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jason hammel cubsWhen the Chicago Cubs started pursuing Jason Hammel this offseason, one of the reasons I was particularly intrigued was a look at how his seasons have played out the last two years. In 2012, he was quietly fantastic, and in 2013, he struggled (partly due to the arm issue, probably).

Here’s what I said:

It was a mixed bag in Baltimore, with an effective 2012 (3.43 ERA over 118 innings, 2.69 K/BB) and a down 2013 (4.97 ERA over 139.1 innings, 2.00 K/BB). Interestingly, the results weren’t all that flukey. Hammel was actually very good in 2012 (3.29 FIP, 22.9% K rate, relatively normal BABIP and HR/FB rate, and a 2.6 WAR in just 118 innings), and very bad in 2013 (4.93 FIP, 15.7% K rate, normal BABIP, slightly elevated HR/FB).

The biggest difference for Hammel in 2013? His groundball rate took a nosedive, from a very nice 53.2% in 2012 to just 40.1% in 2013. Couple that with the slight uptick in HR/FB rate (more fly balls, and more of ‘em going for homers), and you’ve got a guy who went from giving up 9 homers in 118 innings in 2012 to 22 in 139.1 innings the next year.

Why did it happen? Well, I’m not sure it if was intentional, but Hammel seemed to rely much more heavily on his four-seamer than his two-seamer last year, the latter of which can generate more groundballs for some pitchers. His velocity was down slightly, but not enough to account for the dramatic drop-off in performance. Could “fixing” him really be as simple as suggesting more two-seamers?

Well, if getting that groundball rate back up by relying more heavily on two-seamers (which acts as a sinker for Hammel) is the ticket for Hammel, he recently suggested he’s got that on his mind.

In discussing his exhibition debut with the Tribune last week, Hammel specifically mentioned his use of the sinker, and implied that he could use it quite a bit more this year. As the numbers suggest, Hammel has been at his most effective in recent years when incorporating that sinker heavily. It makes me happy, then, to hear that he’s already thinking about utilizing it this year. We’ll see early on if that’s Hammel’s focus this year, and if he’s getting that groundball rate back up.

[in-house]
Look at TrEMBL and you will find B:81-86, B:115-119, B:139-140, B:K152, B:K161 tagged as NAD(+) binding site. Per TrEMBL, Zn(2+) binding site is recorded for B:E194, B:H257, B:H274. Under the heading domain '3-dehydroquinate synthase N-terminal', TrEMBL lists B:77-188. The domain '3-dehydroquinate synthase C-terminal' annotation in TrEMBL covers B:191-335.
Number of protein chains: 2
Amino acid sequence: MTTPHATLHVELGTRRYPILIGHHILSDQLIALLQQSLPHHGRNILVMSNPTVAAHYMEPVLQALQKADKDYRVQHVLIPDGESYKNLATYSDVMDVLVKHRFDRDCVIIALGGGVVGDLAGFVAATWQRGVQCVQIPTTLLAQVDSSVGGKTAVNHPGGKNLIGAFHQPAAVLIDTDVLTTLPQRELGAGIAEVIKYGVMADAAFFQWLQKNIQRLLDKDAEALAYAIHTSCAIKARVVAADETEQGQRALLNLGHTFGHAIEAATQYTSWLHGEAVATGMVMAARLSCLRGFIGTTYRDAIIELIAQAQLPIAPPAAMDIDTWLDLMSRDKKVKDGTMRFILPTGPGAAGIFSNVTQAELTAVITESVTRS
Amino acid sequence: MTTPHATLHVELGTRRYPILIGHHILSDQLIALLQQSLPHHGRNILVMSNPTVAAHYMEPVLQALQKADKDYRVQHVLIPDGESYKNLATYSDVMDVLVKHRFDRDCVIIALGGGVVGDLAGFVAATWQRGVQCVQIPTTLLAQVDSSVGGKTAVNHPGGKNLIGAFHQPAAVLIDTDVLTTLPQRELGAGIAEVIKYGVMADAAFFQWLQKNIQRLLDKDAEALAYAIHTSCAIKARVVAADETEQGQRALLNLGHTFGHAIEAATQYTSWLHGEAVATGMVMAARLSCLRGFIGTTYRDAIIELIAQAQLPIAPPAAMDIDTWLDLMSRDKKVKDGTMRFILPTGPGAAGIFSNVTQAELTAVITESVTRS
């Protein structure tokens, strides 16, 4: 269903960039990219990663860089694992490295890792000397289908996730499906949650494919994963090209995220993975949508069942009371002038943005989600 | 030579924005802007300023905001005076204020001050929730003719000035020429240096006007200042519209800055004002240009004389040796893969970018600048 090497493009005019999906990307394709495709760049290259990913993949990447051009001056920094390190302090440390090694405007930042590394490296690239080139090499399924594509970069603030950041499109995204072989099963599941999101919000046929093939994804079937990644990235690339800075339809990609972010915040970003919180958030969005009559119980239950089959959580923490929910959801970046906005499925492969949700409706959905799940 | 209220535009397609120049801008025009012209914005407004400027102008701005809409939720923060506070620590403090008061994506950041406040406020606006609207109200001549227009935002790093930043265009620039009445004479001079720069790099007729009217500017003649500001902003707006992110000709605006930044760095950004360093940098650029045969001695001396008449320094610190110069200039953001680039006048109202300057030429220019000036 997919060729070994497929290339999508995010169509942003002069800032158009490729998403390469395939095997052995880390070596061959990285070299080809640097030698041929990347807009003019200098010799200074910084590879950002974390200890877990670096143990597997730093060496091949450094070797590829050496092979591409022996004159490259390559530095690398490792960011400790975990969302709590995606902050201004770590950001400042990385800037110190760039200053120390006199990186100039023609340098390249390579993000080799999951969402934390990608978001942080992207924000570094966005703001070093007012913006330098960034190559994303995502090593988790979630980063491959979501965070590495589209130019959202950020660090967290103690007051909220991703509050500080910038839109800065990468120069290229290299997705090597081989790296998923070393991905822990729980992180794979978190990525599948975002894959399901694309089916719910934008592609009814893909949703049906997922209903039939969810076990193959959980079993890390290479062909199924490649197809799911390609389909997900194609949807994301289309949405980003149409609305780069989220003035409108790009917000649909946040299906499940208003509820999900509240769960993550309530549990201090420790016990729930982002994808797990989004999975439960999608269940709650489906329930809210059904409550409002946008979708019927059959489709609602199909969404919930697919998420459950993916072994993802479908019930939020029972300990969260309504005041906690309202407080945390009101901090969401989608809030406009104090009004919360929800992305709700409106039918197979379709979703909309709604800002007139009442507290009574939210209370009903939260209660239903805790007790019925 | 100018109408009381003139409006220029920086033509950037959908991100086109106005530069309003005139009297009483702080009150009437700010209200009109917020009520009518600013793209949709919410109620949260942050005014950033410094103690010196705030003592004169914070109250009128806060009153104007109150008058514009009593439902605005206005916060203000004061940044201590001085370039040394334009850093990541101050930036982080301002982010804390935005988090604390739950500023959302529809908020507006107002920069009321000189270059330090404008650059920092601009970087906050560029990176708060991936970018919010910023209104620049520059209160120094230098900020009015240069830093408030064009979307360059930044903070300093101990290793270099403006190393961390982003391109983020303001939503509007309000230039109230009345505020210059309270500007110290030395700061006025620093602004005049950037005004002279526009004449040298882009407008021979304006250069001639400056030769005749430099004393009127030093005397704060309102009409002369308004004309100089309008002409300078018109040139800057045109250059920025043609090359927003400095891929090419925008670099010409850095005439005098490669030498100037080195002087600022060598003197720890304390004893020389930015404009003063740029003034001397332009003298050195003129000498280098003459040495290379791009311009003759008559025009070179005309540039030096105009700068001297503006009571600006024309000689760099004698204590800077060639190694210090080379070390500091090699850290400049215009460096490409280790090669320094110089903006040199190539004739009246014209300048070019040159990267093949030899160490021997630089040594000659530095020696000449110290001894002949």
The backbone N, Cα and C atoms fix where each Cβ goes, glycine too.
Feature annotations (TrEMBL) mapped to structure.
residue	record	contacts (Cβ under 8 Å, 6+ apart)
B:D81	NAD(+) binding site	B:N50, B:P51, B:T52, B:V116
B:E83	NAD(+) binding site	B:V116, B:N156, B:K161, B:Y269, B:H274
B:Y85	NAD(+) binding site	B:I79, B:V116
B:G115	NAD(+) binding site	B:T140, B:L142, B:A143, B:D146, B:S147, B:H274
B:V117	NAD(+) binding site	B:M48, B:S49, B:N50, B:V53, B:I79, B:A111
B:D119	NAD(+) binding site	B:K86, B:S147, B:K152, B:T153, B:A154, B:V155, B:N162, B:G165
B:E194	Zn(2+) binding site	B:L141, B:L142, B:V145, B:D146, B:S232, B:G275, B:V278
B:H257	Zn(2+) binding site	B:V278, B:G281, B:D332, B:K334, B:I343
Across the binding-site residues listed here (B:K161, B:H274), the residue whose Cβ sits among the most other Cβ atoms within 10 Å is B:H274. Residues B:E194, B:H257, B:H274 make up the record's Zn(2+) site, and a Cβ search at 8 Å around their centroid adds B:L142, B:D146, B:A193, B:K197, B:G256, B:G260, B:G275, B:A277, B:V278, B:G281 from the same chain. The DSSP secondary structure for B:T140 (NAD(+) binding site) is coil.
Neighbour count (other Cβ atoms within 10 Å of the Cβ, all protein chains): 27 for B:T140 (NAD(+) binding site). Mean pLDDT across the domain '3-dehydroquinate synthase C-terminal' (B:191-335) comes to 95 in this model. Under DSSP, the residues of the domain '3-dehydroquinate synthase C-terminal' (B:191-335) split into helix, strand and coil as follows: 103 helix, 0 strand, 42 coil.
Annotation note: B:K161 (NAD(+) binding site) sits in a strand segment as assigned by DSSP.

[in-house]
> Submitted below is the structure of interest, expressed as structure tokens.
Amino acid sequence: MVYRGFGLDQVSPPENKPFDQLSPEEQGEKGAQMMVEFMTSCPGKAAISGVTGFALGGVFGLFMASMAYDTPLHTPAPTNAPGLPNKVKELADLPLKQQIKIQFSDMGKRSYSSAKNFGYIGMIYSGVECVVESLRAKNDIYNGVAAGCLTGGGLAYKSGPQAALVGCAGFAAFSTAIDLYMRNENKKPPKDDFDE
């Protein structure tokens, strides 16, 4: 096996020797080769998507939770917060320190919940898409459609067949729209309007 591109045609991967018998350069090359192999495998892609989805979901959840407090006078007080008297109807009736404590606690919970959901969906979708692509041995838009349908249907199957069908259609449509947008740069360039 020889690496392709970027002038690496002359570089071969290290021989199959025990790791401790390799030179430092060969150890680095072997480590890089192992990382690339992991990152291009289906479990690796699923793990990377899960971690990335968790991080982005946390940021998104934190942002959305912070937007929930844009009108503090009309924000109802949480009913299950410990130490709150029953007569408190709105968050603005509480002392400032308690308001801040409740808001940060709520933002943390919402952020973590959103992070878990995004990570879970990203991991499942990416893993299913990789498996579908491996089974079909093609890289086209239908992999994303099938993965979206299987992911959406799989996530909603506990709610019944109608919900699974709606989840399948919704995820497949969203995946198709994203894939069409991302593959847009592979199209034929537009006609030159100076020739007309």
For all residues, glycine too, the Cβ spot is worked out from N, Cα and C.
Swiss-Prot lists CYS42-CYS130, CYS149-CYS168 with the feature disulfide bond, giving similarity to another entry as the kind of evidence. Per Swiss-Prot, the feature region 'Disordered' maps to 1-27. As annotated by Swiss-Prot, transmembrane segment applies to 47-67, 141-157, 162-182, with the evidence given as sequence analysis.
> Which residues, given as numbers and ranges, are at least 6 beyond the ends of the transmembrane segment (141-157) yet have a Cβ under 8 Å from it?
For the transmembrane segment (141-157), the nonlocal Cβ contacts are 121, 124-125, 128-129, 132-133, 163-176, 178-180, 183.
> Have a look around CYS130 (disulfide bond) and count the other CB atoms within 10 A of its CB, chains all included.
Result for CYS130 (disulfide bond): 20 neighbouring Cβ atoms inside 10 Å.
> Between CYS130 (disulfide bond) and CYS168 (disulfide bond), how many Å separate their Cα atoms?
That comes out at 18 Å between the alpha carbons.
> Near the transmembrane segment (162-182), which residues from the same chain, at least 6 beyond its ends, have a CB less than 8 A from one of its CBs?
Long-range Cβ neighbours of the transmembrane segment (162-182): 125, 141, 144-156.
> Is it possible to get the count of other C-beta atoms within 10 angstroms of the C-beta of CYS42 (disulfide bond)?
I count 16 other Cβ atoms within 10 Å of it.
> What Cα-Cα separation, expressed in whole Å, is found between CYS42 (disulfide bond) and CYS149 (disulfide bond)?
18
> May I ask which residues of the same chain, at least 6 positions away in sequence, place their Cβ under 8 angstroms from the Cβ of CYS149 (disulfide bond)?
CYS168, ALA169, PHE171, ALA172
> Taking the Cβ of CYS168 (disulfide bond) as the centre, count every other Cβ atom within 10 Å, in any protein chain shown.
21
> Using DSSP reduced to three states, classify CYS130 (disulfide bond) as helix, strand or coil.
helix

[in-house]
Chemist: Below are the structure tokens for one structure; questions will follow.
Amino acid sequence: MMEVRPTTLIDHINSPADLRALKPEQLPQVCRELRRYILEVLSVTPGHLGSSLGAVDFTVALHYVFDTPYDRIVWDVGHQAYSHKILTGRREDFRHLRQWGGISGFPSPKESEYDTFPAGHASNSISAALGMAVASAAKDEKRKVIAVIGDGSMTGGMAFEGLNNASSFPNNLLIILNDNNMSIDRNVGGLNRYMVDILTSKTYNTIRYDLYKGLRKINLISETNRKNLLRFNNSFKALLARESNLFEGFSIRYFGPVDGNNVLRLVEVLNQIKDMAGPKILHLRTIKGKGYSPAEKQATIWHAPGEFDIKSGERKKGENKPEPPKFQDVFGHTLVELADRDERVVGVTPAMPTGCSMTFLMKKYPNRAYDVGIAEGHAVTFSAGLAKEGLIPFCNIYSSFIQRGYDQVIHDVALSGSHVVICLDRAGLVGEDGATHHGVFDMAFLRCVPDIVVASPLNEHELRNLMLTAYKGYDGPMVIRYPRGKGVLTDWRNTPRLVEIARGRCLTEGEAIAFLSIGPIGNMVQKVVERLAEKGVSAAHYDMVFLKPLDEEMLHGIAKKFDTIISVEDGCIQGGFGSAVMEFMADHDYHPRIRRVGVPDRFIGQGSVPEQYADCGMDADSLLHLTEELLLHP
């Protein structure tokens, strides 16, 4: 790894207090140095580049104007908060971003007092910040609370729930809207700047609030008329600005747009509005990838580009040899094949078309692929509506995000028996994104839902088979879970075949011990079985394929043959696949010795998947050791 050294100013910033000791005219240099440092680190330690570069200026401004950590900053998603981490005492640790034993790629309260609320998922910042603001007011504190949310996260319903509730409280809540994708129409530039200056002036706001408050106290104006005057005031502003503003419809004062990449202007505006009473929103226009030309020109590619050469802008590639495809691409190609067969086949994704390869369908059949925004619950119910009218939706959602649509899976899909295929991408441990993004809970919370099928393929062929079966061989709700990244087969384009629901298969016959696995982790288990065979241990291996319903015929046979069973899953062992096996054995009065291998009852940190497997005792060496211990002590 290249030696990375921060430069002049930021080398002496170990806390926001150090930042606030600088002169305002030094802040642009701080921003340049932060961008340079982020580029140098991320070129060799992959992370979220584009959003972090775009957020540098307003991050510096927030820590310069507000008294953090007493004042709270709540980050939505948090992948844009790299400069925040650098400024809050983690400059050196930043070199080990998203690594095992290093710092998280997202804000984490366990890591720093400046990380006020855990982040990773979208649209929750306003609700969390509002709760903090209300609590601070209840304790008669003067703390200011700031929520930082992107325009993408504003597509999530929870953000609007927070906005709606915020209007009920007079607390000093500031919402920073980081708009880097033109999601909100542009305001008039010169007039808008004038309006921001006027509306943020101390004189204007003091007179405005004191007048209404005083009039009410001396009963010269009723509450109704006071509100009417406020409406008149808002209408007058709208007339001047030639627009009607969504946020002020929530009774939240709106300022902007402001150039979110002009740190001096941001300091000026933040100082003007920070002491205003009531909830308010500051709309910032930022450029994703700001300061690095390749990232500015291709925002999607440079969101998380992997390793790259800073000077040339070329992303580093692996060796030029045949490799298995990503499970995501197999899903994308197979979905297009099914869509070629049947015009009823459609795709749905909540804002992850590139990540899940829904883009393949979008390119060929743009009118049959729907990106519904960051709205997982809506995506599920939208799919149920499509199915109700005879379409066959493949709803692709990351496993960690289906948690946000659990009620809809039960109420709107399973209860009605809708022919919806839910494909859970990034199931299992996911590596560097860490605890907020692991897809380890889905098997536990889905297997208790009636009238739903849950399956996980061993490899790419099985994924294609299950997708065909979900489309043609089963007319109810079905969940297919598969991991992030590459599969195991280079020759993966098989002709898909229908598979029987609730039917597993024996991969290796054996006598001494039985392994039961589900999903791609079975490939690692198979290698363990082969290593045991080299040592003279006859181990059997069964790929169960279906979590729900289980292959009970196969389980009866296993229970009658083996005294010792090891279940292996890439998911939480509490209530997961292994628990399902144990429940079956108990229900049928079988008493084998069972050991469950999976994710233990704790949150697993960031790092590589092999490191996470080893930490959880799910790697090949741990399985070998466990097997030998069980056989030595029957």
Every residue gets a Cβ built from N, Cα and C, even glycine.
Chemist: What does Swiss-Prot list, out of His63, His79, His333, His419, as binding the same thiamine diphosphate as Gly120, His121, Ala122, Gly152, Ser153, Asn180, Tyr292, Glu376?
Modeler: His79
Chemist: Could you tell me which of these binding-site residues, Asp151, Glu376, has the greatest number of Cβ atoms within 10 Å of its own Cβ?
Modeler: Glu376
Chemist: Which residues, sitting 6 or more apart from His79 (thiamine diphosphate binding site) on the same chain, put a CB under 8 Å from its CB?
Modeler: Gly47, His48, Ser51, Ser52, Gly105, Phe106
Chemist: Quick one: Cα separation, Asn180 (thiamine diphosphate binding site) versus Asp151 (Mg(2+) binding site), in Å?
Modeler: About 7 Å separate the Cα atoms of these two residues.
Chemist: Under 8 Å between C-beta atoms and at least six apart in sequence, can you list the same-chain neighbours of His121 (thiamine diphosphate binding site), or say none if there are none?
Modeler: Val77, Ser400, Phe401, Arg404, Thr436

Although groundballs go for hits a little more often than flyballs, they rarely go for extra bases. And sometimes, they generate two outs. That is all to say, groundballs are a good thing. And if Hammel generates a whole bunch of them this year, the Cubs are going to be very happy with their one-year investment.

The Cubs, under Chris Bosio as pitching coach, seem to have had some success in ticking up groundball rates for pitchers generally, so there is a reason to believe this could be a very nice combination. After coming to the Cubs, the groundball rates for all of Scott Feldman, Edwin Jackson, Travis Wood, and Paul Maholm increased, and Jeff Samardzija’s has climbed rapidly over the last two years.

  • Edwin

    I thought I heard that one of the reasons he moved away from his sinker was that it was causing him arm issues.

    • terencemann

      I think the taboo about sinkers and splitters are that people think they’re tied to arm issues or that they don’t hold up well with age. I do not know if there are stats to back that up.

      • Edwin

        I think it probably depends on the pitcher.

      • C. Steadman